The source says this has been happening for the last two months.

Family Dollar released a statement to News 4, saying that it sells the disposable phones without a contract for customer convenience, but says, "While the program has been very well received by our customers, we do limit (the) purchase to two per customer to curtail opportunities for re-sale in other markets."

Rabbi
August 16, 2006, 09:45 PM
Careful, guys .................. if you try verbally questioning Jihadis here, you are are going to get a warning. I backed down, I like it here. I just keep my opinions to myself now.

geegee
August 16, 2006, 09:50 PM
This, to me, is one of the strangest quotes on the article:

Louai Othman's wife, Lina Odeh, said the men were buying the phones to sell to a man in Dallas for a profit of about $5 per phone. She said they were in Michigan because so many people in the Dallas area are doing the same thing that the phones are often sold out.

Yeah, you pretty much need to leave Dallas and not stop driving until you hit Detroit, before you can find some more Wal Marts with Trac Phones. :rolleyes:

If so many people are doing it in the Dallas area, and now we know that Wal Mart employees are indeed watching, why aren't purchases like this being regularly reported? And if you really do need to drive that far away, are we to believe that the only place you can drive to is a city with the largest Muslim population in the US? Why not head east to Atlanta? Heck, why even leave Texas at all? We have more than a few Wal Marts here, last time I checked.

This story provides many more questions than answers.

Art Eatman
August 16, 2006, 10:05 PM
Rabbi, I don't think there's any "soft" on Jihadists, here. It's the all-inclusive references that derrogate ALL Islamics that create problems.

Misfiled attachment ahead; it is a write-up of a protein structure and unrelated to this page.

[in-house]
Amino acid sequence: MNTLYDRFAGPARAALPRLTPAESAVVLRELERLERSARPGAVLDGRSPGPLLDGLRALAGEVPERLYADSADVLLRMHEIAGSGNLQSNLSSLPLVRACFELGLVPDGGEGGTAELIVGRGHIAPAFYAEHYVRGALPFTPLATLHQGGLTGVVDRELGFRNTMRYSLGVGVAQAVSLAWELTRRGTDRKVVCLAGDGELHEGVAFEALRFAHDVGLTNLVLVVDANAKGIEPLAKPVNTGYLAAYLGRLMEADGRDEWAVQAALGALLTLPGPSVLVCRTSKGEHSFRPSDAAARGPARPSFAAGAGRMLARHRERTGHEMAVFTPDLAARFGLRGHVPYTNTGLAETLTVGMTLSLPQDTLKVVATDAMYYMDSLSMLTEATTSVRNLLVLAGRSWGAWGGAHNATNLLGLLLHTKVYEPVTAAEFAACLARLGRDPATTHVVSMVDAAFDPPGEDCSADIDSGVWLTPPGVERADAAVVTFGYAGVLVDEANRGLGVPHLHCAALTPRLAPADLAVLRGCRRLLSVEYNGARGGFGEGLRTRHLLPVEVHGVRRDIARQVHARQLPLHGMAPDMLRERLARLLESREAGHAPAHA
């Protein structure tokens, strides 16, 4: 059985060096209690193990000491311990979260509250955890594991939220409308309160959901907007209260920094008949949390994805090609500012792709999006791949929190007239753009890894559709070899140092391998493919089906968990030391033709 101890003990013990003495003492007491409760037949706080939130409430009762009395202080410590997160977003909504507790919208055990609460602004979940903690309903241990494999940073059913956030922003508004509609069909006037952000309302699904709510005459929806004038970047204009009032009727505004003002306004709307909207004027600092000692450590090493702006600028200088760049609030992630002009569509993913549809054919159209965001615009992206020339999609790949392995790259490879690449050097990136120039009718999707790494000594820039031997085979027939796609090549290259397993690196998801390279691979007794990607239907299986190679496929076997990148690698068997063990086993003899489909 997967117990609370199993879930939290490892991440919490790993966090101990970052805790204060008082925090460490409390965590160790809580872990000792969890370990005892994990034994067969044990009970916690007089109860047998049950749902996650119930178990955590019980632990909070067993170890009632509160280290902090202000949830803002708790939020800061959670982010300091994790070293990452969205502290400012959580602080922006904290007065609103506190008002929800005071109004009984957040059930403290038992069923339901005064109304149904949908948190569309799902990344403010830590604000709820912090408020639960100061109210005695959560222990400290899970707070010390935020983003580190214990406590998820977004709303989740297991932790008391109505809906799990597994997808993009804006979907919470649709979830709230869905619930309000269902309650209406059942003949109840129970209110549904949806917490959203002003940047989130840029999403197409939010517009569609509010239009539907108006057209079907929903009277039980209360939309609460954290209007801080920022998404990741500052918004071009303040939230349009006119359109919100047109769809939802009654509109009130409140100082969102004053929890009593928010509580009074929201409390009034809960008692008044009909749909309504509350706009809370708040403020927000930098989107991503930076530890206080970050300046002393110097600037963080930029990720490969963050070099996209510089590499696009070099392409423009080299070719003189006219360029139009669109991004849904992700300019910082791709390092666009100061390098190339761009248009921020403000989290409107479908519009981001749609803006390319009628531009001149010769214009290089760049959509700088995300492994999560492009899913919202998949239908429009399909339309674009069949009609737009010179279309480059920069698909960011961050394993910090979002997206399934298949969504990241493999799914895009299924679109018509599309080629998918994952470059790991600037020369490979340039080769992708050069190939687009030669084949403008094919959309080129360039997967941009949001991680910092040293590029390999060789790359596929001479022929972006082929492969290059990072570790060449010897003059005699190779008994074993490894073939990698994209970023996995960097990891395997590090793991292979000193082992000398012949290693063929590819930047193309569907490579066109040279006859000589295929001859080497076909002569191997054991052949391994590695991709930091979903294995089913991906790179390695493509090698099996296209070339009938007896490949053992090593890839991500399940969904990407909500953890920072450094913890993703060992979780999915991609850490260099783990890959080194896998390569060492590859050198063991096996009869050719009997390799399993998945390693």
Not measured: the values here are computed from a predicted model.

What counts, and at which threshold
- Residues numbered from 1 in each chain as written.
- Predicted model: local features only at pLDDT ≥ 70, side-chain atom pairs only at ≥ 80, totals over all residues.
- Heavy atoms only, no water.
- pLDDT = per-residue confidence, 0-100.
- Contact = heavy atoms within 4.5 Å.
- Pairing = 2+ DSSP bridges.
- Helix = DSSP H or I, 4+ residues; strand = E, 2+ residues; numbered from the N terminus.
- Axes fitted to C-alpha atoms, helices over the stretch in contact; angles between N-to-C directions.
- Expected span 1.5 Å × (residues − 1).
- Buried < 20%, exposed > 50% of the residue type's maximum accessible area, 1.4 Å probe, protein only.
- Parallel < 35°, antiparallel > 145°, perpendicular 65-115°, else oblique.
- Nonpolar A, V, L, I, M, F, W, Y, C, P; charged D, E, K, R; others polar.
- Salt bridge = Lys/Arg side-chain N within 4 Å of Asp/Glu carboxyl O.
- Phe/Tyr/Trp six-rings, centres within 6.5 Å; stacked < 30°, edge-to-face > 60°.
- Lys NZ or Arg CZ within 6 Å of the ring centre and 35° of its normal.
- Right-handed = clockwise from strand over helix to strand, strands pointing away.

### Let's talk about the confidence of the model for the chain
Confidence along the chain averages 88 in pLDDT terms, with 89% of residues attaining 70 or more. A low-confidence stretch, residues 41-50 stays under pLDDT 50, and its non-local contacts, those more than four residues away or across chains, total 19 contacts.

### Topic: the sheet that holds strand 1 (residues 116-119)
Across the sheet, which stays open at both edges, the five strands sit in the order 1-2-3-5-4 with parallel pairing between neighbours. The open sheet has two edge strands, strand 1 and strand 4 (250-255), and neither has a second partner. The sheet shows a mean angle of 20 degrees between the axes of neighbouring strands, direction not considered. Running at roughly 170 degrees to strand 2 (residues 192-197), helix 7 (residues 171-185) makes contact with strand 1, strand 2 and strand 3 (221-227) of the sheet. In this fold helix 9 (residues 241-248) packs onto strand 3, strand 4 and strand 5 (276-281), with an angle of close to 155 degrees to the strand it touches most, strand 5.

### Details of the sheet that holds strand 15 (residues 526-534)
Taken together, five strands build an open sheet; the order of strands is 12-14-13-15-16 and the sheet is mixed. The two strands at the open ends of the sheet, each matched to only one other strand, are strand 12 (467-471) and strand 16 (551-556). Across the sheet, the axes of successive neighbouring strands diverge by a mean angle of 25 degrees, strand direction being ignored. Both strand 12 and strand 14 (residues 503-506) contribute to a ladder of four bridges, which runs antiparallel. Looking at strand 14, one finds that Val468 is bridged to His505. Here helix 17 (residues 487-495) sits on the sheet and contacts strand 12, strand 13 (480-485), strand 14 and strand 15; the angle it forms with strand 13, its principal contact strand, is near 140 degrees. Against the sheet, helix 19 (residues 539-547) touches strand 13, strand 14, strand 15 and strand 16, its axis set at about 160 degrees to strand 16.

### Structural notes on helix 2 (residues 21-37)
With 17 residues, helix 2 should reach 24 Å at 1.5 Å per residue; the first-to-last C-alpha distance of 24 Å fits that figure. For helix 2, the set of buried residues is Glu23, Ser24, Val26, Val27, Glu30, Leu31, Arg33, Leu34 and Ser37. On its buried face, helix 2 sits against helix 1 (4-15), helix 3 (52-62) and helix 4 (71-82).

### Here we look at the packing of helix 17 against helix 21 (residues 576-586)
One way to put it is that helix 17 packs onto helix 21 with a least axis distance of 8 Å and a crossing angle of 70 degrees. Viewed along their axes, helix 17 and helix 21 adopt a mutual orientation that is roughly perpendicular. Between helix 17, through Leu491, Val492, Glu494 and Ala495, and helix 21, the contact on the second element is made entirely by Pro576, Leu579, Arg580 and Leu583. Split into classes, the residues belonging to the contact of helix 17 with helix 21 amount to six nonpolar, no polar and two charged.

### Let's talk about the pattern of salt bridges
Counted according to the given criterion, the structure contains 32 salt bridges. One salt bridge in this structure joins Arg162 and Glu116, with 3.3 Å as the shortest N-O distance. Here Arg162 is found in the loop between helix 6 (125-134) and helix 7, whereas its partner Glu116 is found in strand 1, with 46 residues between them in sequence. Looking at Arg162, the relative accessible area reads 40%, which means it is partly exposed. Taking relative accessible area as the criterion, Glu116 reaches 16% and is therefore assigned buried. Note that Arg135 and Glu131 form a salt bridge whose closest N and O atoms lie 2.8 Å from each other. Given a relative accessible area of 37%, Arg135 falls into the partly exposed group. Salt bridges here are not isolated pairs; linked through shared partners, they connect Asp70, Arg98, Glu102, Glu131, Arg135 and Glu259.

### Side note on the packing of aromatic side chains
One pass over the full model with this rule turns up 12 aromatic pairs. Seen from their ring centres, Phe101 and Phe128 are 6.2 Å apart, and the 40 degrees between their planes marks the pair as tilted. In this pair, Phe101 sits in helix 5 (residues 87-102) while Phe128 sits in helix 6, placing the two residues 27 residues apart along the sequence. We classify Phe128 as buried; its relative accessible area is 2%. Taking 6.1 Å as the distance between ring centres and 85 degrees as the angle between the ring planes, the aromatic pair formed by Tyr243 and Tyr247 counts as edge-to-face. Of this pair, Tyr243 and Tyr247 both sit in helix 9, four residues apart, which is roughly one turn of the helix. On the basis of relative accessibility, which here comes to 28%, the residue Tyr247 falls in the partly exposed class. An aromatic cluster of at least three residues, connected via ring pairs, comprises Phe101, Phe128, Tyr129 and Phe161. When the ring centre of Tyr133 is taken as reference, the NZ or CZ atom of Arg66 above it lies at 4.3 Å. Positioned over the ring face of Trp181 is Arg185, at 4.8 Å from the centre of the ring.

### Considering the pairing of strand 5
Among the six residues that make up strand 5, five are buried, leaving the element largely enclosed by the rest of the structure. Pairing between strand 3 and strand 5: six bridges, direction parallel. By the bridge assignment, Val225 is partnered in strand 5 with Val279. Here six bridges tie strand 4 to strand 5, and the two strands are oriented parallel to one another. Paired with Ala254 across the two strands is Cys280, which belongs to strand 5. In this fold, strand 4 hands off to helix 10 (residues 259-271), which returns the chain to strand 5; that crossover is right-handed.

As far as I'm concerned, anybody can bad-mouth Jihadists all they want to, as long as the comments are pertinent to a thread's topic. Just use language appropriate to THR.

Art

ConstitutionCowboy
August 16, 2006, 11:15 PM
Ordered Firefly: The Complete series from Amazon just now.

Back to the topic, Is there any way to jam a cell phone so's I can carry a jammer around with me and foil any IEDs that might be "within my space"?

'Course, it might interupt any cell phones near me - including my own - but hey, I'd be safe!

In all seriousness, I'll hold to my original thoughts on the matter, that these phones are for the command and control of a large terror cell, or a passel of little ones.

Woody

GigaBuist
August 16, 2006, 11:27 PM
Yeah, you pretty much need to leave Dallas and not stop driving until you hit Detroit, before you can find some more Wal Marts with Trac Phones.

You do if you want 1,000 of them. The store that reported them to the FBI said that they got 80 from there. Presuming that's average they'd have to hit at least 11 stores. I'm also guessing that 80 is exceptionally high which is why nobody reported them until they hit Michigan.

Further, Wal-Mart policy says that you may only buy 3 of these phones at a time. Also stated here. (http://www.solomonia.com/blog/archives/008954.shtml)

With a roving band of 3 people you can do 9 phones at a time. Go eat lunch, come back, purchase some more hoping nobody notices you scamming the system and you could maybe swipe 18-27 phones per store before anybody really noticed you.

So, given that stores only carry a limited supply of these phones and actively keep you from buying them up in bulk, I don't think it's that out of the question that they actually DID have to go that far to collect all these phones.

Yes, Michigan is home to Dearborn and there is a large Arab Muslim population living there. So large that our current governor actually has an "About" page on her website in Arabic.

However, these youngsters didn't end up in Dearborn -- they went as far north as the bridge. And they took PICTURES of it! Just like every other person I know of that is seeing the bridge for the first time. It's impressive! Golly, my grandpappy took video footage of a bridge crossing on 8mm tape back in the day. Musta been a jihadist sympathizer.

If only we had known. I thought my grandpa was into sight-seeing. Little did we know that he was an operative of the Taliban only venturing to the bridge for terroristic activities. I'm so ashamed. Heck, I've taken pictures of the bridge. Mohammed must have gotten to me! Allah Akbar!